This Lake District of India ‘Nainital’ is in the State of Uttaranchal, India. Known for its salubrious climate and scenic beauty, the town is a popular health resort and attracts national as well as international tourists around the year. The town is rich in scenic setting, service infrastructure and landscape perspectives where people from other parts of the country and even outside go for stay and excursions around the year.

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Nainital is situated at a height of 1938 meters above sea level in the Kumaon foothills of the outer Himalayas of Uttarakhand. The temperature here is pretty cool with the maximum temperature in the summers being 27 degrees Celsius while the minimum is 10 degrees Celsius. In the winters the temperature could go up to 15 degrees Celsius and as far down as -3 degrees Celsius. Nainital receives snowfall between the months of December and February. The peak season here is from December to January and from March to June.

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The ancient name of this region was Khasdesh. Nainital has also been mentioned in the Puranas. Nainital has been dubbed Tri-Rishi-Sarovar. There is reference to three sages, Atri, Pulastya and Pulaha who excavated a massive hole as they could not find water at this locale. They then rerouted water from the holy lake Mansarover in Tibet to fill this hole. If the myth is to be believed then bathing in the Naini Lake is as good as bathing in the great Mansarovar. On the other hand, there is a credo that Lord Shiva’s wife Sati leapt into the flames of the sacred bonfire, and Shiva carried her remains back to Kailash Parvat. There were 64 places where appendages of her body dropped. It is believed that this is the spot where her emerald green eye fell. Thus it came to be called the Naini-tal. Nain means eye while tal means lake.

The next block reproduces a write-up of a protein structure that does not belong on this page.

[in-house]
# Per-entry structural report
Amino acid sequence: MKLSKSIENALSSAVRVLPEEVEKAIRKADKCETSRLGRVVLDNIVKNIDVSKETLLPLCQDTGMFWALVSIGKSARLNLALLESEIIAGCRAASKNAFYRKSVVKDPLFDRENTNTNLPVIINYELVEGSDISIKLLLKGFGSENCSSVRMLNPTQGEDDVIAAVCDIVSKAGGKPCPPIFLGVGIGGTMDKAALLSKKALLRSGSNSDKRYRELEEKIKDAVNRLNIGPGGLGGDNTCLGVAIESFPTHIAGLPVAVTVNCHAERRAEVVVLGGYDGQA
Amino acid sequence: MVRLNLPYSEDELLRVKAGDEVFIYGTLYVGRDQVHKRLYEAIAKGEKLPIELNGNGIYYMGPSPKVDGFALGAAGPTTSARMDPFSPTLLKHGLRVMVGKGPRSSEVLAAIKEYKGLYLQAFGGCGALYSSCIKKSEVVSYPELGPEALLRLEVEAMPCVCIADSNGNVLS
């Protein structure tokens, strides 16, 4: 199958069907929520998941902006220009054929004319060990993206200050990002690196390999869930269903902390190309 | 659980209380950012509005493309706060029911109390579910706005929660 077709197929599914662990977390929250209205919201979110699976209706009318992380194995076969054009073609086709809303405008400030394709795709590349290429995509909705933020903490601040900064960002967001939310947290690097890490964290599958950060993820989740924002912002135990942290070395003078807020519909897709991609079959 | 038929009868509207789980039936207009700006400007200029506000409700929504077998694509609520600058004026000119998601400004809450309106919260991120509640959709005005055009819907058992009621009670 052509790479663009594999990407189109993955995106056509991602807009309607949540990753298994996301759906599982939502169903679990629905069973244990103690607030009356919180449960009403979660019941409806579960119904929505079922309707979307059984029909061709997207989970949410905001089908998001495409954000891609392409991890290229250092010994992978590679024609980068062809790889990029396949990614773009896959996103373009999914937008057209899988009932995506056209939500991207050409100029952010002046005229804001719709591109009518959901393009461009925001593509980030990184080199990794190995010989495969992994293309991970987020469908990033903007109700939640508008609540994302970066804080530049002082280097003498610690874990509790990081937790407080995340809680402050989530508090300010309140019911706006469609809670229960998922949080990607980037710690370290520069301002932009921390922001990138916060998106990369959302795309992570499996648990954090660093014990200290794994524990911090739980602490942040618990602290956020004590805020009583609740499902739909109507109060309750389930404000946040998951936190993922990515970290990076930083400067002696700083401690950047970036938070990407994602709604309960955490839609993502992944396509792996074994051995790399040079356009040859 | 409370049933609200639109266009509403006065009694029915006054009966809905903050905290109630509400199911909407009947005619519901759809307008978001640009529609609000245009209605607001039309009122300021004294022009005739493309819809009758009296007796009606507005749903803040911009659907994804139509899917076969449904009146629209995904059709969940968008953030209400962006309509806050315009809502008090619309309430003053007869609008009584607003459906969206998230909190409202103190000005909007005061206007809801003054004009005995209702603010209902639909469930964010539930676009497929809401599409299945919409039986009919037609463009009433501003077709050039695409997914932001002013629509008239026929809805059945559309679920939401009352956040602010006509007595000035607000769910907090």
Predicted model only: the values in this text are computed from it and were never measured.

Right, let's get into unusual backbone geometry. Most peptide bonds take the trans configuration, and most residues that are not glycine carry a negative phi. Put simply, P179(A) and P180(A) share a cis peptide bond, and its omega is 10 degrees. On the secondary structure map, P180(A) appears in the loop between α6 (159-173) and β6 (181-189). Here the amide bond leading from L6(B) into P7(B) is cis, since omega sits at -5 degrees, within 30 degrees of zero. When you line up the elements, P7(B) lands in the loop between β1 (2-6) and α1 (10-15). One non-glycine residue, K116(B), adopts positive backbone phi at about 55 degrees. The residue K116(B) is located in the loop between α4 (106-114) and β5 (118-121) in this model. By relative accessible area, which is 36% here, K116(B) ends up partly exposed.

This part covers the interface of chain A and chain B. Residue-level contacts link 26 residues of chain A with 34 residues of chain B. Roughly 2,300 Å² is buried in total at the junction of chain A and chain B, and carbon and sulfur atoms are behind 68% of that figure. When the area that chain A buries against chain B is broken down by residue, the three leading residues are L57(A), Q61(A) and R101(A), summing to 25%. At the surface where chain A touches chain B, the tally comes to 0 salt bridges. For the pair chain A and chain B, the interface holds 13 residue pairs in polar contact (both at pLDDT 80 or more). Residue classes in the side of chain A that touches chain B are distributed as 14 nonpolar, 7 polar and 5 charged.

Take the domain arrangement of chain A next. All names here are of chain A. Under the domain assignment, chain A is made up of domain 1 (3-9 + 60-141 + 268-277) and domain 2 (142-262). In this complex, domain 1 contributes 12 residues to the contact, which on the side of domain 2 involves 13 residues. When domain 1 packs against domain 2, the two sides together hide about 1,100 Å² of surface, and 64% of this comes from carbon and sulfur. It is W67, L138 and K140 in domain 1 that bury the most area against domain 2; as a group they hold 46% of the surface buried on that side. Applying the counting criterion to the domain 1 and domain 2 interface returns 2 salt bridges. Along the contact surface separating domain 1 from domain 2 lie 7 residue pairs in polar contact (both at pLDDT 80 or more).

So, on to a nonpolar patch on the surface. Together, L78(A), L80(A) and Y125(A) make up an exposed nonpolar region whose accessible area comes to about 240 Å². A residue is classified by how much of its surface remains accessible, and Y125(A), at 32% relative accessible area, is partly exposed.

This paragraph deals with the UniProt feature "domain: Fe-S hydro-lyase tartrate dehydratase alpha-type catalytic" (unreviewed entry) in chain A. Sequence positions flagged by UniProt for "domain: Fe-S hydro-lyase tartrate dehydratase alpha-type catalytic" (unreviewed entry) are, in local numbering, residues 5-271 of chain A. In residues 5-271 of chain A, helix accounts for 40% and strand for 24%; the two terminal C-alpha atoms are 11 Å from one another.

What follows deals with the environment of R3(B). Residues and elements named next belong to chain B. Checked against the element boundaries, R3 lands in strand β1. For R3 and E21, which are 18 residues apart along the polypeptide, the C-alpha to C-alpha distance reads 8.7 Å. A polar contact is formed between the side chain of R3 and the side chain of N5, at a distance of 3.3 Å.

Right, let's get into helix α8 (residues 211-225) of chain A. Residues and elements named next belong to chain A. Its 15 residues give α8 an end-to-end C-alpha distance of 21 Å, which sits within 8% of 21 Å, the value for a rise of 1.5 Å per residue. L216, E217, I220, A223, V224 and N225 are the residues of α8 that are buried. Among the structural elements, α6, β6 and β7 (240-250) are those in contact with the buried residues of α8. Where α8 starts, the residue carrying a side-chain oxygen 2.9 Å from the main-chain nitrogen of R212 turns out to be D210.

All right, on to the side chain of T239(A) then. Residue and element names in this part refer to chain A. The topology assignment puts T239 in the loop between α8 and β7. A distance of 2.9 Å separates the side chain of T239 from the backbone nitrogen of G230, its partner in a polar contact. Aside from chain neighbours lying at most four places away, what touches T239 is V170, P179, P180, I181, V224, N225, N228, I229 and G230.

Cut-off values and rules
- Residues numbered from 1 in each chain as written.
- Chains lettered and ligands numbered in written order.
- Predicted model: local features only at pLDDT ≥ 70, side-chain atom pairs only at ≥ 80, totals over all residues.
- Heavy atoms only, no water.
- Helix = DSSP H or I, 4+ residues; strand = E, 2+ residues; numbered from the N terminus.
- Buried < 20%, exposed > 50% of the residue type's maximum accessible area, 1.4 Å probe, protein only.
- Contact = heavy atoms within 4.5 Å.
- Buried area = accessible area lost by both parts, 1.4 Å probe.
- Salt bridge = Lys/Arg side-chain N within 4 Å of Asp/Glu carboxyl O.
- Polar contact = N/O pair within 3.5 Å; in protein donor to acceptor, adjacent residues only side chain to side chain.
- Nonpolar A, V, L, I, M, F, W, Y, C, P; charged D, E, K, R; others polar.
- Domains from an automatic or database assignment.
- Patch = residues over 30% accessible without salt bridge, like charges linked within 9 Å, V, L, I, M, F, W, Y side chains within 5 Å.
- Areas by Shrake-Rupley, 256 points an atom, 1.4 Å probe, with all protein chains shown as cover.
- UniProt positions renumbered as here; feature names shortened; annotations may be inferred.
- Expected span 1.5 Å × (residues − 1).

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The first European to be attracted to the landscape of Nainital was a merchant from Rosa near Shahjahanpur. Mr. P. Barron established Nainital in the year 1841. He was so moved by the beauty of the lake, he wrote that it was by far the best site he had witnessed in the course of a 1500 mile trek in the Himalayas. It had secured the soubriquet of Lake District of India. Soon, the British and colonial bureaucrats and their families who were trying to escape the heat of the plains became partial to this town as a health resort.

Map of Mussoorie

Below is the map of Mussoorie, in Uttarakhand. Use the scroller to zoom as per your preference.
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Videos of Mussoorie

Kempty Falls

A short video of Kempty Falls, Mussoorie.

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Kempty Falls

Another Kempty Falls video, with more closeup scenes..

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Paragliding:

A group of friends trying out paragliding for the first time in Mussoorie. The paragliding sport is followed by a visit to a Temple and boating in the lake.

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Mussoorie Town: